The rule of thumb is: Leave them be. We all want to help protect these babies, but the truth is that kittens stand a better chance at survival when they are with their mom. Here are some questions to ask before interfering:

  • Is mom around? Chances are mom will move her kittens from den to den if they feel unsafe or uncomfortable. Or mom leaves to grab a quick meal. This is likely the time when a Good Samaritan would have stepped in seeing an “abandoned” kitten. What you should do:
    • Find a spot near by (35 feet at least or mom won’t come back) to sit quietly and wait. That way the kitten isn’t completely unsupervised, but you aren’t interrupting.
    • Make sure the kitten is safe from any animals loose in the yard, they aren’t near heavy foot traffic, and the weather isn’t too cold, or rainy.
How mom will move her kittens from den to den.
  • How long have the kittens been alone? It can take several hours for mom to return to her kittens, but as long as they’re warm and healthy they shouldn’t have a problem waiting for her to come back. So wait as long as you are able.

  • Is the kitten clean and silent, or dirty and meowing? The longer a kitten is without mom, the more signs there are that you can intervene. Healthy kittens who were taken care of by mom recently will look plump, clean, and will be relatively silent (these are the kittens to leave as long as possible). Kittens who are dirty and meowing have likely been left alone for a longer period of time. 

 
  • Are they able to eat on their own? Kittens at 8 weeks should be weened from nursing. Some moms will leave their kittens at this age. You can test to see if a kitten is old enough to eat solid food by getting a pate style wet food and see if the kitten eats. If they don’t eat right away but look healthy, please continue to wait for mom. If it’s been over an hour, the kittens look dirty, and they’re eating the wet food, it might be time to intervene.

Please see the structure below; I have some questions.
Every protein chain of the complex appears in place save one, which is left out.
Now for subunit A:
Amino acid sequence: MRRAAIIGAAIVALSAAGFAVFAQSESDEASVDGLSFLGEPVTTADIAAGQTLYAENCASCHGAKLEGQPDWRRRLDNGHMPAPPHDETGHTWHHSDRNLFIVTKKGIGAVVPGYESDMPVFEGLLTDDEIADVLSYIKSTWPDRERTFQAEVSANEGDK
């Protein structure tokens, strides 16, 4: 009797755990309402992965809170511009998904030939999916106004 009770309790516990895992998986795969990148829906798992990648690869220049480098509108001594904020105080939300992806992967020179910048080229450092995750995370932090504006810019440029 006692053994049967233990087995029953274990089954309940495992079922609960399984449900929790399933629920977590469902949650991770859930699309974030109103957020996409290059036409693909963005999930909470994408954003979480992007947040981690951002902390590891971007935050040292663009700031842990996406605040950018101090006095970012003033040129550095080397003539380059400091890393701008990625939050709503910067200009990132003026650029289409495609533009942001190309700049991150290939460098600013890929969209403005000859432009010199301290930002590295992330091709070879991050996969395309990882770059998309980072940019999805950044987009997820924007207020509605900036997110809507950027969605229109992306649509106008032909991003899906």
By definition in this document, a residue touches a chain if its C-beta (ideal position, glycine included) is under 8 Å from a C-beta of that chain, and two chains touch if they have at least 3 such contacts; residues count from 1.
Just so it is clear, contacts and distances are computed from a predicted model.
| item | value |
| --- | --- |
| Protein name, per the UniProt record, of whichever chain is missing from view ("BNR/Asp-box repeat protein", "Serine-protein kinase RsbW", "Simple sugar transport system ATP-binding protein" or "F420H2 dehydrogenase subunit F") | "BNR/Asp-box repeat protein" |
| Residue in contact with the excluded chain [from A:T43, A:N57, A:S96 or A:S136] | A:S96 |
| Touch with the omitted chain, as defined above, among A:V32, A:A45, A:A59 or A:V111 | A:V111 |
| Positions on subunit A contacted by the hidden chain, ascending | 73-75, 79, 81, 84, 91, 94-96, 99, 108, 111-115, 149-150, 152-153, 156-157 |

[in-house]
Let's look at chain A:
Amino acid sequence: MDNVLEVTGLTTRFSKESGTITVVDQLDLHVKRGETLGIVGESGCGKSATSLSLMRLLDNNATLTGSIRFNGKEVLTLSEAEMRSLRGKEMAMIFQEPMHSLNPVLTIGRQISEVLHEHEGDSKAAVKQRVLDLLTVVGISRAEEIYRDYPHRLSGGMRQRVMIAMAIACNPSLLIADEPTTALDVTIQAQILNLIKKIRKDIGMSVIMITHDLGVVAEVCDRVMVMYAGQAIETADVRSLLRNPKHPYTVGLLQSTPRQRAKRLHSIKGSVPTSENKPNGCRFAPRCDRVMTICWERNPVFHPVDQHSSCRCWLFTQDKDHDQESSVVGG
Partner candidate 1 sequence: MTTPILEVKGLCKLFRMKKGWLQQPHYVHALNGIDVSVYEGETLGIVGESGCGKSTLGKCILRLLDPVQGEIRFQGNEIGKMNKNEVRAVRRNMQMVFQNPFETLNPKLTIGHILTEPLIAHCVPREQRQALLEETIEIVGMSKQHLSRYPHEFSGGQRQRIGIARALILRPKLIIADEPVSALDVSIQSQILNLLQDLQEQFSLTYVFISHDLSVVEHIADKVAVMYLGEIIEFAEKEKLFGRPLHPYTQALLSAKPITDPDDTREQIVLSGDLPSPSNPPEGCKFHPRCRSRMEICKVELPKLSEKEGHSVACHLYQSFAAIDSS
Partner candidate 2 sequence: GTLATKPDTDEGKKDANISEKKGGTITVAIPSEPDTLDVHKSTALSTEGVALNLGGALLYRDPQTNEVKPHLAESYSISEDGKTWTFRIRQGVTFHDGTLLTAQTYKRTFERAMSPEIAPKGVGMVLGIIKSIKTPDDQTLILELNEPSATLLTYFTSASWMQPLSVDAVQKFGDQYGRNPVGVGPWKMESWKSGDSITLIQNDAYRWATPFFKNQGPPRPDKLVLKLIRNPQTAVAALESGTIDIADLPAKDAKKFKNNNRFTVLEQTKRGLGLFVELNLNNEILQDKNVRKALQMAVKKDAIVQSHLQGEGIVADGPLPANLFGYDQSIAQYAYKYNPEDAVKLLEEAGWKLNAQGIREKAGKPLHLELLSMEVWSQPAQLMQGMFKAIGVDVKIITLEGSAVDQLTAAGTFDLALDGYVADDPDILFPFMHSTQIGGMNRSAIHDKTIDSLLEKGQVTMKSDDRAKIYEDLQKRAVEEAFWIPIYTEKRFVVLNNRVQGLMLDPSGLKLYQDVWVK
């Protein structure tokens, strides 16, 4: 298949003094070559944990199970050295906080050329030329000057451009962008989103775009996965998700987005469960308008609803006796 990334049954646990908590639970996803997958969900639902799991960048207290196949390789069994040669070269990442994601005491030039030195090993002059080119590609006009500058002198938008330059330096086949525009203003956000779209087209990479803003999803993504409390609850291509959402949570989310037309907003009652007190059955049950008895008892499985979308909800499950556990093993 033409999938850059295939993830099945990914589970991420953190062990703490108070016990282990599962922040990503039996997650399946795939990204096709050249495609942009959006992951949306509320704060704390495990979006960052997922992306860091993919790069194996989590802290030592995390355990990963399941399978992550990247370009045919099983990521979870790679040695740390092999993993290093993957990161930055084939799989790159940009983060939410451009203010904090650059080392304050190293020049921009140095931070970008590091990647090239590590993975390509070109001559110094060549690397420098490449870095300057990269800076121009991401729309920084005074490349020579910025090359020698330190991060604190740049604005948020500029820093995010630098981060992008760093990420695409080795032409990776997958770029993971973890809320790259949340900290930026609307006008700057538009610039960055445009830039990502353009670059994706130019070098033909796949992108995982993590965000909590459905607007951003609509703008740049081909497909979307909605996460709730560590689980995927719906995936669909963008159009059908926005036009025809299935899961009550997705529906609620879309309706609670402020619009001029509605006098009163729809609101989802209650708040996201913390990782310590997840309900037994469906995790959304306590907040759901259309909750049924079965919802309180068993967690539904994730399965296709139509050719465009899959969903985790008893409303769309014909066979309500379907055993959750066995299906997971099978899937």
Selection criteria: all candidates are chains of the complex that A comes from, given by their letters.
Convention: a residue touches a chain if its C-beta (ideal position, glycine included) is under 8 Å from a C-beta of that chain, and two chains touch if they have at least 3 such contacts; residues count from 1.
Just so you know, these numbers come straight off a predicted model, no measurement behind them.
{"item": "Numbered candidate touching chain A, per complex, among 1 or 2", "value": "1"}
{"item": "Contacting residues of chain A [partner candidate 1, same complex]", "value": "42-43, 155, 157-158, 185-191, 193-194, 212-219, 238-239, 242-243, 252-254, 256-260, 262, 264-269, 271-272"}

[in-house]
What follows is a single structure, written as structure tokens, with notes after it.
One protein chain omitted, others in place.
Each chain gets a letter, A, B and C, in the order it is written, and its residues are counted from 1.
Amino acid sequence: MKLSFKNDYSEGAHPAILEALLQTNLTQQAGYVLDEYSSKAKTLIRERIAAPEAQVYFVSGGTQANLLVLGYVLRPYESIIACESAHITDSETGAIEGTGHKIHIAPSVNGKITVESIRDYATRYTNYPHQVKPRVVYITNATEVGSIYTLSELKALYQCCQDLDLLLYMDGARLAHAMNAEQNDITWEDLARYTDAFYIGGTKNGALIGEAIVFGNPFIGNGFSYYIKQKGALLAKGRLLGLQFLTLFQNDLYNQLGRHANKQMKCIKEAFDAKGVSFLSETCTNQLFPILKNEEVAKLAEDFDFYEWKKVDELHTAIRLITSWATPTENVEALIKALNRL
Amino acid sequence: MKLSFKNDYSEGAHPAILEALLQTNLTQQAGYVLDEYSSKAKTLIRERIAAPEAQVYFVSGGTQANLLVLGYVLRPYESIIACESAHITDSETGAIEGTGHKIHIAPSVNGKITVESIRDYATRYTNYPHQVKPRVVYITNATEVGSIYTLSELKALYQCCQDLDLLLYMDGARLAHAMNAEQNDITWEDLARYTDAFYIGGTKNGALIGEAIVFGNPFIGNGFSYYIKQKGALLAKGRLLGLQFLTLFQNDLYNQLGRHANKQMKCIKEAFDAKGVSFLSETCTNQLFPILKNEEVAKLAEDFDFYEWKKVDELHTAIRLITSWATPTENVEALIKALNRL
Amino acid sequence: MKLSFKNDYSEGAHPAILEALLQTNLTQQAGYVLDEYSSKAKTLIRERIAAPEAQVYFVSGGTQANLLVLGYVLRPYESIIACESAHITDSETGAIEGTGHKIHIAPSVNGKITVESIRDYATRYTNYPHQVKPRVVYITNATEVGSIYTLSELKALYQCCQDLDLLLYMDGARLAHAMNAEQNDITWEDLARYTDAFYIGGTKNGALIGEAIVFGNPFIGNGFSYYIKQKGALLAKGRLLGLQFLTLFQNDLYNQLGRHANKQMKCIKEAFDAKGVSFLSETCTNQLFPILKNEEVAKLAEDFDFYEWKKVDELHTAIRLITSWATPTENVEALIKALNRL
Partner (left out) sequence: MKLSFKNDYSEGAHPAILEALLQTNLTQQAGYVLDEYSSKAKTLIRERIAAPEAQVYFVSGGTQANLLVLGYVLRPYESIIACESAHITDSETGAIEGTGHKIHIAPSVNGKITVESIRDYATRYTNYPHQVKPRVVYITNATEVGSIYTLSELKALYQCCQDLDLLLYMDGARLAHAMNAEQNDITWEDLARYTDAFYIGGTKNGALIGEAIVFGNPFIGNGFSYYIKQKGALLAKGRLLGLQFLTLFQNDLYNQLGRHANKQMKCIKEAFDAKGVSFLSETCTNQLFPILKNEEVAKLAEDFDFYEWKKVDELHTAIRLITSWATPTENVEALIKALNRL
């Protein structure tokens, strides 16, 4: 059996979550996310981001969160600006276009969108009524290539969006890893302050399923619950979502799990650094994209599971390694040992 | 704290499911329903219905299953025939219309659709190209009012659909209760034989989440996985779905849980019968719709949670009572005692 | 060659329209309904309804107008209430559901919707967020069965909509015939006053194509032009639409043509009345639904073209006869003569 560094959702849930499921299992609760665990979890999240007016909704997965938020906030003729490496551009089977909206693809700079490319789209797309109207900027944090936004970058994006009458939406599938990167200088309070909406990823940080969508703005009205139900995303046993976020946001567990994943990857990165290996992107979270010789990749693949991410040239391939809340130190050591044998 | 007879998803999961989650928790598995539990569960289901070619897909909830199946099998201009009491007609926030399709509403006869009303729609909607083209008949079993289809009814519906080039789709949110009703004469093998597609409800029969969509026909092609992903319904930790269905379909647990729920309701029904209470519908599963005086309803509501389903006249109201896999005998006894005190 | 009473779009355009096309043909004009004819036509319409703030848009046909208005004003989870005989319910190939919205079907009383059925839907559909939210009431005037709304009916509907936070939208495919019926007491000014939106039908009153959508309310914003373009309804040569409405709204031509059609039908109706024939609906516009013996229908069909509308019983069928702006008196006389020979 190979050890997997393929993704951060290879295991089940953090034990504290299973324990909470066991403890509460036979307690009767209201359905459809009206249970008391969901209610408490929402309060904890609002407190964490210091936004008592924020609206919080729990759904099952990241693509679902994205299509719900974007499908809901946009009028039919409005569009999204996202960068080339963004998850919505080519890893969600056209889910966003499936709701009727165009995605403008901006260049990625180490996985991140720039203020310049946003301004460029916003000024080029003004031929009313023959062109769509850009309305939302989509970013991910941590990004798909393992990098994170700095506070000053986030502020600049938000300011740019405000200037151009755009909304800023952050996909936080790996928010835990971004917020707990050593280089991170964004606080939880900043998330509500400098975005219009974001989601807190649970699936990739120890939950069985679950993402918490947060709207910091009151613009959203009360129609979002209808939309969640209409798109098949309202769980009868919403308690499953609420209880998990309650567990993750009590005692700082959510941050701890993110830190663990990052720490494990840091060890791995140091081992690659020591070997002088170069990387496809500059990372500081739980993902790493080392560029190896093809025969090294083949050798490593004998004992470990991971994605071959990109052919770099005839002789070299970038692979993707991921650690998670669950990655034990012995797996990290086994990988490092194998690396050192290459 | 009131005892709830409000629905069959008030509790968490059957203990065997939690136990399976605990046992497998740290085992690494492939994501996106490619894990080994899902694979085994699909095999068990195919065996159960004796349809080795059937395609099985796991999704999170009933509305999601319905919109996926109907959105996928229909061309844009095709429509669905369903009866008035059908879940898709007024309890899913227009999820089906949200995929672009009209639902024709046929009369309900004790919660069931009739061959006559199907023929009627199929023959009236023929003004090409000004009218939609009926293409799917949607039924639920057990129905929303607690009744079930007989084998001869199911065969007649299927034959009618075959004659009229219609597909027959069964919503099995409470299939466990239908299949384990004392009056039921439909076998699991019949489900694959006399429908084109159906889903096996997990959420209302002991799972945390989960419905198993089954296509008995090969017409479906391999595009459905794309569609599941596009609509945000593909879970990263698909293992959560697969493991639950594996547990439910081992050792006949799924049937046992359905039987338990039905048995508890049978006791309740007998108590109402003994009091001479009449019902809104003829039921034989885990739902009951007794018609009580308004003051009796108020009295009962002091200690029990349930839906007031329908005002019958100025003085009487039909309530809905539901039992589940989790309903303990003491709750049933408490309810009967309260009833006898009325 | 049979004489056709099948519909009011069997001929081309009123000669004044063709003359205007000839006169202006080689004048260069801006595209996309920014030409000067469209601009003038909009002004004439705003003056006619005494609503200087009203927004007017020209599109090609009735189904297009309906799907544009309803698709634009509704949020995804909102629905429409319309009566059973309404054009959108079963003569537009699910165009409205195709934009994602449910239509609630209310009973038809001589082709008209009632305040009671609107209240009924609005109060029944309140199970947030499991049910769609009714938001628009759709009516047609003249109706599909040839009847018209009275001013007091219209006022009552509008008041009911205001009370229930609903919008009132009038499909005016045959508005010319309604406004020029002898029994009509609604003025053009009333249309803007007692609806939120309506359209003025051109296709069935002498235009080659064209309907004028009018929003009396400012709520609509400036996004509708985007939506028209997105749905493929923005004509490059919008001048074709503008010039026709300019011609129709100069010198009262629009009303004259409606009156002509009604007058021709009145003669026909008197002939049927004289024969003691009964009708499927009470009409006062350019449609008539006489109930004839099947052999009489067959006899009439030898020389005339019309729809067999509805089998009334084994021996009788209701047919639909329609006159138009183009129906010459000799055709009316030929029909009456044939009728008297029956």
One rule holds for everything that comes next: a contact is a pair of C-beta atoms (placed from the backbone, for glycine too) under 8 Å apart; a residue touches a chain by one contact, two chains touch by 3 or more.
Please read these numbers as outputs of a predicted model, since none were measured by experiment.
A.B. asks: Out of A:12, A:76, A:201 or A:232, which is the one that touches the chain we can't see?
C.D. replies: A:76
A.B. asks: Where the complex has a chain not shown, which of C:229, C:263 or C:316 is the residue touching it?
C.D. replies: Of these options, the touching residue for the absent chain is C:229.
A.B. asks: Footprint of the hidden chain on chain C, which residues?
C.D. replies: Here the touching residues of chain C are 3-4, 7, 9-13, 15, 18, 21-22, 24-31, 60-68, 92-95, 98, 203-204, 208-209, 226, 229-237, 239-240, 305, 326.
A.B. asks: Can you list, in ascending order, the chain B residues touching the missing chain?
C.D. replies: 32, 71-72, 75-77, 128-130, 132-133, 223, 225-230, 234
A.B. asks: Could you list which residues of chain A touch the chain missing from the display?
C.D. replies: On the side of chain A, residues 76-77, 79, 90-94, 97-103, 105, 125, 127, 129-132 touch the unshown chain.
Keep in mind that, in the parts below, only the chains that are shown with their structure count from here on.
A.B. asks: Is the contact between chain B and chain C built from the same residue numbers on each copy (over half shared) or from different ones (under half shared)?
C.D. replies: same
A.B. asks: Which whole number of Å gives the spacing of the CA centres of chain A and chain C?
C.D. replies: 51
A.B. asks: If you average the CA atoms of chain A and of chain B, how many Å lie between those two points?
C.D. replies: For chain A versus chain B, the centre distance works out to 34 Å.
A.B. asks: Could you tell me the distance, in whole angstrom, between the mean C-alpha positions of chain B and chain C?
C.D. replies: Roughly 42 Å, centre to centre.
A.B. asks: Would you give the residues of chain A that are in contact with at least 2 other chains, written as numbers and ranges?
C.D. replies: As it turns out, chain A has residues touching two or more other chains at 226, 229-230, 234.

How to take Care of a Homeless Kitten

It’s only when you have waited several hours and are certain mom isn’t coming back that you can remove the kittens. But that’s not to be taken lightly. 

If you aren’t prepared to foster the kittens yourself, there are limited options for taking care of the kittens. At Pet Alliance, we provide our foster parents with Kitten Kits to help take care of them until they are eight weeks of age in their homes. When they get to over eight weeks and are two pounds, we will spay the kittens and put them up for adoption at the shelter. If you have questions about kitten season, or have found a kitten you are willing to foster, please call (407) 352. 7722.